2 91.5 9.4 80.8 78.7 6.6 21.9 26. LV-% Propylene. REACTOR TEMPERATURE COMPARISONS Case A Reactor Temperature.6 25.3 1.5 11.2 95. Case A is for a highly paraffinic feedstock.8 1. °F °C Catalyst/Oil. LV-% (C5-380°F @ 90%) RON MON Butylenes. LV-% Recycle Rate 935 502 655 346 6.82 77.6 80.9 21. °F °C Feed Temperature. LV-% Gasoline.5 67.6 70. Wt Ratio Reactor Pressure.9 1.52 82.50 80. but this will depend on other conditions as well.4 94.6 1.6 81.9 1001 538 708 376 6.9 10.2 9.5 Case B 1013 545 653 345 12.88 89.1 87.7 53. The following table presents typical commercial data showing how conversion and yield vary with reactor temperature.6 11. psig kg/cm2 Gauge Conversion.Reactor Temperature Reactor temperature is the prime control of reactor severity. An increase in reactor temperature at a constant catalyst circulation rate will: • • • • • • Increase conversion Increase light gas yield Increase C3 and C4 olefinicities Increase gasoline research octane number (RON) Increase gasoline aromatic and olefin content Decrease light cycle oil aromatic content Coke yield may also increase slightly.5 984 529 624 329 12.6 9. while the feed for Case B is more aromatic.2 .8 5.1 56.

injected . An increase in the recycle rate will: • • • • Increase the catalyst circulation rate Increase the coke production Increase the regenerator temperature Increase the gas make Riser Steam During normal operation.The recycle rate determines the combined feed ratio. based on raw oil charge.0 because recycle is not normally used. and to lower catalyst deactivation from metals contamination. During turndowns or when lighter feedstocks are being processed. One to two wt-% of steam. it may be necessary to add recycle to the riser to help the unit heat balance. typically 1-2 wt-% of the raw oil charge. or during shutdown. CFR. Small amounts of steam. it may be advantageous to inject some steam with the charge to the riser to assure optimum mixing of catalyst and oil in the riser. which is defined as: where: recycle = total of recycle streams (volume) feed = raw oil charge rate (volume) Normal operation is typical with a CFR of 1. during operation at low charge rates. will: • • • • Decrease the hydrocarbon partial pressure in the riser Decrease the catalyst delta coke (weight coke/weight catalyst) Decrease the regenerator temperature Decrease the light gas make Riser steam is used during start-up to establish catalyst circulation.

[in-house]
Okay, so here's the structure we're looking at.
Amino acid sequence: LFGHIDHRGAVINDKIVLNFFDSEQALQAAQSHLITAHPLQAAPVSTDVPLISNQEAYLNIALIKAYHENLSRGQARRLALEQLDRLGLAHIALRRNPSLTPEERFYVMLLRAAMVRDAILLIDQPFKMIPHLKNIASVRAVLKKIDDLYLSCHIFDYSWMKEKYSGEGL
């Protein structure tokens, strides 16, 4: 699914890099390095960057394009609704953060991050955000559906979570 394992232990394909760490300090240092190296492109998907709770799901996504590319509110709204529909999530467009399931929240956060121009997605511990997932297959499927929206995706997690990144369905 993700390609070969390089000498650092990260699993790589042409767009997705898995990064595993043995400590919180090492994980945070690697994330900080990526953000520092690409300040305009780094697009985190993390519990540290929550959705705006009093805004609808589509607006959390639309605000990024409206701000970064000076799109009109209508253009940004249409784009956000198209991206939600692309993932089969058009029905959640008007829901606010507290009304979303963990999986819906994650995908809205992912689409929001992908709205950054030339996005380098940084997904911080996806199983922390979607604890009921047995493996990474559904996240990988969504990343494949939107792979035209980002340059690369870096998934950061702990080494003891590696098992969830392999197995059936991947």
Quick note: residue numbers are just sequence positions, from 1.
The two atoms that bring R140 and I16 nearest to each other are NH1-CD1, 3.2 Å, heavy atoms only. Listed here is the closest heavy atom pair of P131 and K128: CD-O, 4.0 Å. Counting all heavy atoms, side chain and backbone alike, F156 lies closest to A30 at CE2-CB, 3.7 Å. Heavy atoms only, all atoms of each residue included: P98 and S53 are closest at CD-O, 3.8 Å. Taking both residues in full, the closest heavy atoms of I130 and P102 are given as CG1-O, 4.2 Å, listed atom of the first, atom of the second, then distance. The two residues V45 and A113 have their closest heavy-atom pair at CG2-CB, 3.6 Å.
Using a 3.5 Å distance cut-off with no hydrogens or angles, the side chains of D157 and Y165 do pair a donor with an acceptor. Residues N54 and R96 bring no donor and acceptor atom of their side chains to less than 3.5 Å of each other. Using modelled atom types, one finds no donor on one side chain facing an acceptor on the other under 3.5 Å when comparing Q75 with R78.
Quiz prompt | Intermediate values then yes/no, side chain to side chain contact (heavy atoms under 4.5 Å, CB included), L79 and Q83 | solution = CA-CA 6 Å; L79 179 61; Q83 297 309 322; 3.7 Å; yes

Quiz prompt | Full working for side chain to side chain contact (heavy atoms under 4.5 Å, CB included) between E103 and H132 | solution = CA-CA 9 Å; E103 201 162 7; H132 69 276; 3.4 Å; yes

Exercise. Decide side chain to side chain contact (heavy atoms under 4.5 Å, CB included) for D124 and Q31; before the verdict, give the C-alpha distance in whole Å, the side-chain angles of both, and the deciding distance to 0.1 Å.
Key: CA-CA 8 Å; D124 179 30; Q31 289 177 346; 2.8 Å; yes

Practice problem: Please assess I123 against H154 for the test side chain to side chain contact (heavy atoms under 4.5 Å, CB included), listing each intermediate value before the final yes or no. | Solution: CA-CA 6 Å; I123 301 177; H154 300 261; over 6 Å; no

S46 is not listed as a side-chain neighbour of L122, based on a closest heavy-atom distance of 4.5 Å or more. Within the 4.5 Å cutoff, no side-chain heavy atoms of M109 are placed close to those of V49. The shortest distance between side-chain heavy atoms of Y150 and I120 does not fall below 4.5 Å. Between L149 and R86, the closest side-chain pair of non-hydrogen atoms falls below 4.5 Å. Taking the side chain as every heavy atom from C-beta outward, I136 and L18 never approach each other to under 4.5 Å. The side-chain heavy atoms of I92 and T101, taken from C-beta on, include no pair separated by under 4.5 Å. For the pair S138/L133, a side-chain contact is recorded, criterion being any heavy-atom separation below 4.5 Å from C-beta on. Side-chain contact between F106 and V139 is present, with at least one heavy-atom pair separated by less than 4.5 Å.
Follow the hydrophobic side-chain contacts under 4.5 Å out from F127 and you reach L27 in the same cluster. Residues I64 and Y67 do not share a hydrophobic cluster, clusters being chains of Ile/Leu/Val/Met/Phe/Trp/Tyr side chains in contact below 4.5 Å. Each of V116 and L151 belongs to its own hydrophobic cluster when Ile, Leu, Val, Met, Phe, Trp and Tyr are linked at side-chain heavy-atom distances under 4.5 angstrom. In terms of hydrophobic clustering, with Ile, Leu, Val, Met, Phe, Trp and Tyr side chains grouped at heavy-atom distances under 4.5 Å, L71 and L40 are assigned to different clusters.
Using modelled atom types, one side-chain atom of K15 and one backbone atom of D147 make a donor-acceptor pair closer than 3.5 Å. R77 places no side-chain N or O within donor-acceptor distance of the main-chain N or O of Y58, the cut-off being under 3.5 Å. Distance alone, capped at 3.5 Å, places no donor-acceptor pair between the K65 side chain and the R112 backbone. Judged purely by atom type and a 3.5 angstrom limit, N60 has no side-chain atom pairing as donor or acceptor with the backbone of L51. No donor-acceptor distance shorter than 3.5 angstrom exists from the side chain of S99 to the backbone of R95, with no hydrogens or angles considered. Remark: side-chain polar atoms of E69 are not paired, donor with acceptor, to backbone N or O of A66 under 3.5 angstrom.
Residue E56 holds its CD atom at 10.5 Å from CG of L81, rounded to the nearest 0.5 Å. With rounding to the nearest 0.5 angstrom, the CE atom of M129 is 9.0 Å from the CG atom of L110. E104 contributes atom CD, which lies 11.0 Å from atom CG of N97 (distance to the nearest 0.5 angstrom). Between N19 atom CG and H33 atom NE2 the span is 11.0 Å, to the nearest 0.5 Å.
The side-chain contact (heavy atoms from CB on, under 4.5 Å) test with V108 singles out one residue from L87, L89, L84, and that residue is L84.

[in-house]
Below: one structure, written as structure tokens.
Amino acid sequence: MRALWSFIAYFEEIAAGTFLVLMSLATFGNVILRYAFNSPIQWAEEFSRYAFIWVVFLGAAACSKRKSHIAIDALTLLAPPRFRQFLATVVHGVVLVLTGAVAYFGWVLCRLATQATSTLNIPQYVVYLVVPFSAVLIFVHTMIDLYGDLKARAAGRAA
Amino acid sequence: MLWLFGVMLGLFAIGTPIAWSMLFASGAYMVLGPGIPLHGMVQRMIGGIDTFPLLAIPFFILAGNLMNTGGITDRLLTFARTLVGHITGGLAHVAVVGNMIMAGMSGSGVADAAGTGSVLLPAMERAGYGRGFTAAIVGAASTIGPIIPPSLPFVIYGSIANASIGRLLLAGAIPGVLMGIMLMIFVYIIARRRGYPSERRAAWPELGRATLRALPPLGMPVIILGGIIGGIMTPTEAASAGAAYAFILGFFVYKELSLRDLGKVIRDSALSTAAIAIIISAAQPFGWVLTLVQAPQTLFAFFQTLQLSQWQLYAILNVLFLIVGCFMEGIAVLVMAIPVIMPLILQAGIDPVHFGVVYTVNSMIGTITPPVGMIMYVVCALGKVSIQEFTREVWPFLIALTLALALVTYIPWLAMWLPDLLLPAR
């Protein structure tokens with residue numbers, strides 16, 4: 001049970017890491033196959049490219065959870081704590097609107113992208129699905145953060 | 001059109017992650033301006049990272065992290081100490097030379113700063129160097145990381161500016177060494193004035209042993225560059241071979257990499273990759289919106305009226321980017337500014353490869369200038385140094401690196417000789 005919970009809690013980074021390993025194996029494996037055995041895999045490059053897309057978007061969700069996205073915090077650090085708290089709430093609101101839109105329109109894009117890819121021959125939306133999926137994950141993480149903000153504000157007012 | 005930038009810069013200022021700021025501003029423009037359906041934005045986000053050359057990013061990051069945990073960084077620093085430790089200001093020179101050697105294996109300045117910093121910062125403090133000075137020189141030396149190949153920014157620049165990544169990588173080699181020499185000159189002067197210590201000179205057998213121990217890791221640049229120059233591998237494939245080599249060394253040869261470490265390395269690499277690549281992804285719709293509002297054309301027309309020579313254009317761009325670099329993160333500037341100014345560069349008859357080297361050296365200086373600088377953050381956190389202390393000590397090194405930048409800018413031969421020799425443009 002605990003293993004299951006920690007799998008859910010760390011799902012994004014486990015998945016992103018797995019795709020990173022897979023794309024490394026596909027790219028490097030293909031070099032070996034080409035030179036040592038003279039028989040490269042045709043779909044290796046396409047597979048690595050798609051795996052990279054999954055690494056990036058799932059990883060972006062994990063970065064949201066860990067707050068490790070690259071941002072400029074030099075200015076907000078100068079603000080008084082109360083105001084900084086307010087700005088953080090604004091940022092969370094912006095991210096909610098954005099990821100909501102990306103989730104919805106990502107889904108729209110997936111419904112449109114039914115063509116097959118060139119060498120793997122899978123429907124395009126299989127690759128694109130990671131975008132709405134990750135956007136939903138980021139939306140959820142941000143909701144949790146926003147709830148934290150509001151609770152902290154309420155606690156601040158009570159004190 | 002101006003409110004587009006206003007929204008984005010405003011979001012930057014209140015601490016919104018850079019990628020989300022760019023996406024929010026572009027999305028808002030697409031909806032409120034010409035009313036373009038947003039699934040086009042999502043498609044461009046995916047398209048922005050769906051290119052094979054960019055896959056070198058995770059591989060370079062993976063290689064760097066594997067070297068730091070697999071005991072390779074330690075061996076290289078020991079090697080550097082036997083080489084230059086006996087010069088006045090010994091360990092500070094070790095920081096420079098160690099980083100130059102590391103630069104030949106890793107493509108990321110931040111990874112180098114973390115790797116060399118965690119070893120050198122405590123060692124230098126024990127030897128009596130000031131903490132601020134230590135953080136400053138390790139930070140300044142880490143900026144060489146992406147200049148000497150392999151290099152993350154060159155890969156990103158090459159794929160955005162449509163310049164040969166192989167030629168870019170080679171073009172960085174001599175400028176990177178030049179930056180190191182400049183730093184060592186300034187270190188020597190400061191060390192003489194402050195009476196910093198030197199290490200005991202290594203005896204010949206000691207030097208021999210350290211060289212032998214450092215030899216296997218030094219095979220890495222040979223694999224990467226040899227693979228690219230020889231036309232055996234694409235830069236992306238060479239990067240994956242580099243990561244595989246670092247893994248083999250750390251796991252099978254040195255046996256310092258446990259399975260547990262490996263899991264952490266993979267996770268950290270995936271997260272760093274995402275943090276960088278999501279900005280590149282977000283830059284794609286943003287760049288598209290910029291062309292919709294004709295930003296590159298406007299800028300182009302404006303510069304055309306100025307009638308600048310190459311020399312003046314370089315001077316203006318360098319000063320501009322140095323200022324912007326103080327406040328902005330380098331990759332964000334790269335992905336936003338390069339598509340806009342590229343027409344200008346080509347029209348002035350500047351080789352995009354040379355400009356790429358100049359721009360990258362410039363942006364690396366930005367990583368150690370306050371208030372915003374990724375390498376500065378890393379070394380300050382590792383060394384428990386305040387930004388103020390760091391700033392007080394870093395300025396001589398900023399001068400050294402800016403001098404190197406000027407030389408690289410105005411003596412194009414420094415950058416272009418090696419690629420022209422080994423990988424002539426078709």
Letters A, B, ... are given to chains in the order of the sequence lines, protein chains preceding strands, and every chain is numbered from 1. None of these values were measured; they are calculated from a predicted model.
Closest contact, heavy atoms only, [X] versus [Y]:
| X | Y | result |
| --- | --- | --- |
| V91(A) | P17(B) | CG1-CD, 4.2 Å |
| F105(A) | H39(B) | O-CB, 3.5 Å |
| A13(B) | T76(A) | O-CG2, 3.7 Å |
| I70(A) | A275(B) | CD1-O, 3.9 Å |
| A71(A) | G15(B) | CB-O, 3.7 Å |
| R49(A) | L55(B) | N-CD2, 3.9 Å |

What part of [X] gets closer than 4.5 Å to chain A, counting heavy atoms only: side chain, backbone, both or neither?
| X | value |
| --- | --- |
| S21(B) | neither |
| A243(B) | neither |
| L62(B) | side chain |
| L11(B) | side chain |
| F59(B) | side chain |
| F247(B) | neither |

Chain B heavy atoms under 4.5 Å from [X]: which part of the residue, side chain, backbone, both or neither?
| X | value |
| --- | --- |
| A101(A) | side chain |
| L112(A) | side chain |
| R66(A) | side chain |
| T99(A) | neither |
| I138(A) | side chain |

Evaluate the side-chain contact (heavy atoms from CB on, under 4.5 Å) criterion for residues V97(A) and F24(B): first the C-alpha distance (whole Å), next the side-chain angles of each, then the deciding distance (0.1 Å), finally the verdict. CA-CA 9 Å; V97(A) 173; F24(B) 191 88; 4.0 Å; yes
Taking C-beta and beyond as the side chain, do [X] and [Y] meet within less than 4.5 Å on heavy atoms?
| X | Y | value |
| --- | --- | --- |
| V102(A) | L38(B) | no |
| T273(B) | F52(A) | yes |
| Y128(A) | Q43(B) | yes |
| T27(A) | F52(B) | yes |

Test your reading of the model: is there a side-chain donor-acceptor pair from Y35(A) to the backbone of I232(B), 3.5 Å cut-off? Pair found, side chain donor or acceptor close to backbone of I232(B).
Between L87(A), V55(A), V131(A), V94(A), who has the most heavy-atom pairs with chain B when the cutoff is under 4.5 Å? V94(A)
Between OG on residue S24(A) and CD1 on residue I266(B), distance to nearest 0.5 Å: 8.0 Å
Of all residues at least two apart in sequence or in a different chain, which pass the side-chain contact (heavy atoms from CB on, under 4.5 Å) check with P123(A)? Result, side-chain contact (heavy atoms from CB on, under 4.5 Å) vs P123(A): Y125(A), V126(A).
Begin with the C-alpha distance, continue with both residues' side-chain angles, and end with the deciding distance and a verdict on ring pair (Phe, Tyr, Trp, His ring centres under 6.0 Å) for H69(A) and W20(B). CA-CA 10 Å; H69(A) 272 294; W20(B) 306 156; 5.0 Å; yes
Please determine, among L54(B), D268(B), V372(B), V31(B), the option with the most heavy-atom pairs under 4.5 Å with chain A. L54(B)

the steam rate should then be increased by about 10% above this minimum.into the riser does not cause any noticeable catalyst deactivation. is detrimental as it contributes to catalyst deactivation. A relatively large increase in regenerator temperature will occur when the stripping steam rate is reduced below the minimum required and combustion of the unstripped hydrocarbons begins. For routine operation. Stripping Steam Rate The quantity of steam required to strip the oil vapors from the spaces between the catalyst particles is dependent upon the catalyst circulation rate. Steam should be used if necessary. stripping steam rates will need to be increased whenever there is a process change which results in an increase in the catalyst circulation rate. but the catalyst is subjected to breakage and deactivation if contacted by large amounts of steam over an extended period. such as: • • • • An increase in the raw oil charge rate An increase in the recycle rate A decrease in the combined feed temperature An increase in the reactor temperature . Using excessive stripping steam. but its use should be kept to a minimum if there is not a large quantity of oil with it. The stripping steam rate is generally about 2-5 pounds per ton of catalyst circulated. the optimum rate can be determined by observing the response of the regenerator temperature to slow stepwise decreases in the stripping steam rate. Alternatively. During normal operation. however.